Privacy Self Regulation: A Decade of Disappointment

in Consumer Protection in the Age of the 'Information Economy' (Jane K. Winn, ed.)(Ashgate 2006)

20 Pages Posted: 30 Mar 2005 Last revised: 29 Jun 2014

Chris Jay Hoofnagle

University of California, Berkeley - School of Information; University of California, Berkeley - School of Law

Date Written: January 19, 2005

Abstract

The Federal Trade Commission's Do-Not-Call Registry, a government-created protection for privacy, is a stellar success. With over 80 million numbers enrolled, Americans now have a easy to use and effective shield against telemarketing. The government's creation quickly superceded and made irrelevant self-regulatory solutions, which were difficult to use, did not apply to all telemarketers, and were unenforceable.

This article argues that, like self-regulatory solutions to the 20th century problem of telemarketing, market approaches to protecting consumers from 21st century problems have failed. The FTC embraced self-regulation to protect privacy on the Internet in 1995. That decision stalled Congress and anesthetized the public, as privacy practices worsened for a decade. Self-regulation has allowed the development of new tracking technologies, and the continued employment of old ones. Self-regulation allows companies to obfuscate their practices, leaving consumers in the dark. Emerging technologies represent serious threats to privacy and are not addressed by self-regulation or law. Self regulation has failed to produce usable anonymous payment mechanisms. We now know (as a result of California consumer protection regulation) that self-regulation failed to address security.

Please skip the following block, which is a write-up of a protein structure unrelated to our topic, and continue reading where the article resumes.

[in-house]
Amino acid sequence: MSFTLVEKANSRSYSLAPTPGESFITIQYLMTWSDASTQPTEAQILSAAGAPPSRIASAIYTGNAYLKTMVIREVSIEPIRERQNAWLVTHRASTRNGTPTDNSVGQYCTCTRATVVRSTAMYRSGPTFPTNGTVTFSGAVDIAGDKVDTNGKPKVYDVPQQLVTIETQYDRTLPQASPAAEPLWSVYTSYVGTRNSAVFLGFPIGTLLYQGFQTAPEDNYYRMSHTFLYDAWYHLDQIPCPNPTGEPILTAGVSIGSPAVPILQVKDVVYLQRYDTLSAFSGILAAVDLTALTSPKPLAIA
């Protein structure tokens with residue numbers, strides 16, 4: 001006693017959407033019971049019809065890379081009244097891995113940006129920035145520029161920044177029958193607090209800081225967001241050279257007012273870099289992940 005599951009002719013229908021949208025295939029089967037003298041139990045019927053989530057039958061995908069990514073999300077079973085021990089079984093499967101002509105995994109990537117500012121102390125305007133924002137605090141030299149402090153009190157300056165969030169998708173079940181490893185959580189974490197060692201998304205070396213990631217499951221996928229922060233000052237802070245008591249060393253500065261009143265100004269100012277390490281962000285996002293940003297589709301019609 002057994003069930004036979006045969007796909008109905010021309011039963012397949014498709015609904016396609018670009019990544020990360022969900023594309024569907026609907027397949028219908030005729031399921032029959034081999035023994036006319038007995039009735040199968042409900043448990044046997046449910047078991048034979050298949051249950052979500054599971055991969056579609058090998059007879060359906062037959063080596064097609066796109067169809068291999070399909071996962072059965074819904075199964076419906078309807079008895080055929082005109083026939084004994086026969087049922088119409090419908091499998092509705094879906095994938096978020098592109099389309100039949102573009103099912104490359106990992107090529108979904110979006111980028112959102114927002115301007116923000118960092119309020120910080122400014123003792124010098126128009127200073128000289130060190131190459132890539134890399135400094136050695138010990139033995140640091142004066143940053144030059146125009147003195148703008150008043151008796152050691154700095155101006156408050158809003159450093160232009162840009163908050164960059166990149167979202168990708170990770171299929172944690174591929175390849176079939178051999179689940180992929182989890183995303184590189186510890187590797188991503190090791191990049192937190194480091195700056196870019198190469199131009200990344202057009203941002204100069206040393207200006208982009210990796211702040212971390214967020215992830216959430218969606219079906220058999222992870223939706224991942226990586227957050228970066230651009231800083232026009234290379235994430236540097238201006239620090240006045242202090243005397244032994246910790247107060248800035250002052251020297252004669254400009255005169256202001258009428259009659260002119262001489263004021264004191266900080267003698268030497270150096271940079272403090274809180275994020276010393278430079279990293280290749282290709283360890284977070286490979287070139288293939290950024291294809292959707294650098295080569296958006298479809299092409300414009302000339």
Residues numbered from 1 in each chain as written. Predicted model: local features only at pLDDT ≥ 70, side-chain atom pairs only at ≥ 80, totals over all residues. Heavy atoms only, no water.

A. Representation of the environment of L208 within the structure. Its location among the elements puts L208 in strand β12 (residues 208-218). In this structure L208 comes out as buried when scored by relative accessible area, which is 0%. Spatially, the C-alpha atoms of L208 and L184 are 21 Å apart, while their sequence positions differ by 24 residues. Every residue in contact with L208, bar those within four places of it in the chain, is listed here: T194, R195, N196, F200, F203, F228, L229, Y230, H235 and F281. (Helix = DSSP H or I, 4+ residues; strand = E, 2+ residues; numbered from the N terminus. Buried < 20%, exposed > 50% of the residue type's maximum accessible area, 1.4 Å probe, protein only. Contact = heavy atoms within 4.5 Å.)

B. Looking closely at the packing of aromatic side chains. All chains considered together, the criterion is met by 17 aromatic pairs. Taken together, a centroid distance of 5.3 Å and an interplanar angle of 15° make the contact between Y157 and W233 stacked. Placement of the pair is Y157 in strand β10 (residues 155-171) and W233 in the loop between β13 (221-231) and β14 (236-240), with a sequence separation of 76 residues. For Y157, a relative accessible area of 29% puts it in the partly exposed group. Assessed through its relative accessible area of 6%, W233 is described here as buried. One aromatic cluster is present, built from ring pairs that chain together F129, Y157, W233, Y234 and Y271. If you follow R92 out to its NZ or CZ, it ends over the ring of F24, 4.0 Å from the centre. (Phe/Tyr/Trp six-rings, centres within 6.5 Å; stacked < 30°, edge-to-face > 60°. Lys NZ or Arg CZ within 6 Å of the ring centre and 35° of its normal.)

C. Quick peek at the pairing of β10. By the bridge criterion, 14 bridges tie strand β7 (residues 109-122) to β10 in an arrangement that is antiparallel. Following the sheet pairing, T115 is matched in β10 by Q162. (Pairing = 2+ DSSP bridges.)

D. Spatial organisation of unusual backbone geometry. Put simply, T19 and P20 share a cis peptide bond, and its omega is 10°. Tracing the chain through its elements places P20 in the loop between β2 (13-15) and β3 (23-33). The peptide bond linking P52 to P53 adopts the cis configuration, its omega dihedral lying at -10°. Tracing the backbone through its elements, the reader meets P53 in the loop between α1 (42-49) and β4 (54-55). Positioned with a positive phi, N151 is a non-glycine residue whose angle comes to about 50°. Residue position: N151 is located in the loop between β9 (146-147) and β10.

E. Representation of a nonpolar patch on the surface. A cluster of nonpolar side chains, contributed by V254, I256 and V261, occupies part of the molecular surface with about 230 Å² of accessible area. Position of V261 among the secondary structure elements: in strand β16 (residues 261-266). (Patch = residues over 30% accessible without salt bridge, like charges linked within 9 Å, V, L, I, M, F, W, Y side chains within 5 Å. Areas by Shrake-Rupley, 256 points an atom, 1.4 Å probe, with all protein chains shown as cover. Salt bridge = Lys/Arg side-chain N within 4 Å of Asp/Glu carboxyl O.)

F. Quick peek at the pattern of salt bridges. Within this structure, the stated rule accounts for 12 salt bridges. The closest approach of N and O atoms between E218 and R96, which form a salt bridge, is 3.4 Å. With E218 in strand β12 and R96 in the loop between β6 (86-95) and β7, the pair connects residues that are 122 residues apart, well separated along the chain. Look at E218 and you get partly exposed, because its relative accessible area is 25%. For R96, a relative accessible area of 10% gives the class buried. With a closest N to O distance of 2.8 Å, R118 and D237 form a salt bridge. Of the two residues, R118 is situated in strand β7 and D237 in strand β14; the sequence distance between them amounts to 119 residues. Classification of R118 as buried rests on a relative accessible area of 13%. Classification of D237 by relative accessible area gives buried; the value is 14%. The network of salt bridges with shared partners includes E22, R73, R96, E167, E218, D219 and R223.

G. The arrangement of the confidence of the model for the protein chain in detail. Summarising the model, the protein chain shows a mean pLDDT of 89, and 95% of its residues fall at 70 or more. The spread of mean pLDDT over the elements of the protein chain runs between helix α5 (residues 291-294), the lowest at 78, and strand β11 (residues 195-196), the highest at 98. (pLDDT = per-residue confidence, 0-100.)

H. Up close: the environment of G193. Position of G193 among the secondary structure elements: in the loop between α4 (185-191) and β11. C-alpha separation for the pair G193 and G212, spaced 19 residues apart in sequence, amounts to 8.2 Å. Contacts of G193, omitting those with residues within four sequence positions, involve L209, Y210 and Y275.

And finally, the worst identification and tracking policies from the online world are finding their way into the offline world. In other words, online self-regulatory approaches have encouraged a more invasive web environment, and have dragged down the practices of ordinary, offline retailers. This paper argues that the FTC and Congress should reevaluate their commitment to market approaches, and empower consumers with privacy law that incorporates Fair Information Practices.

Keywords: Privacy, market, self-regulation, consumer protection, telemarketing, profiling, cookies, price discrimination, customer exclusion

JEL Classification: K20

Suggested Citation

Hoofnagle, Chris Jay, Privacy Self Regulation: A Decade of Disappointment (January 19, 2005). in Consumer Protection in the Age of the 'Information Economy' (Jane K. Winn, ed.)(Ashgate 2006). Available at SSRN: https://ssrn.com/abstract=650804 or http://dx.doi.org/10.2139/ssrn.650804

Chris Jay Hoofnagle (Contact Author)

University of California, Berkeley - School of Information ( email )

212 South Hall
Berkeley, CA 94720-4600
United States
510-643-0213 (Phone)

HOME PAGE: http://hoofnagle.berkeley.edu

University of California, Berkeley - School of Law ( email )

344 Boalt Hall
Berkeley, CA 94720-7200
United States
510-643-0213 (Phone)

HOME PAGE: http://hoofnagle.berkeley.edu

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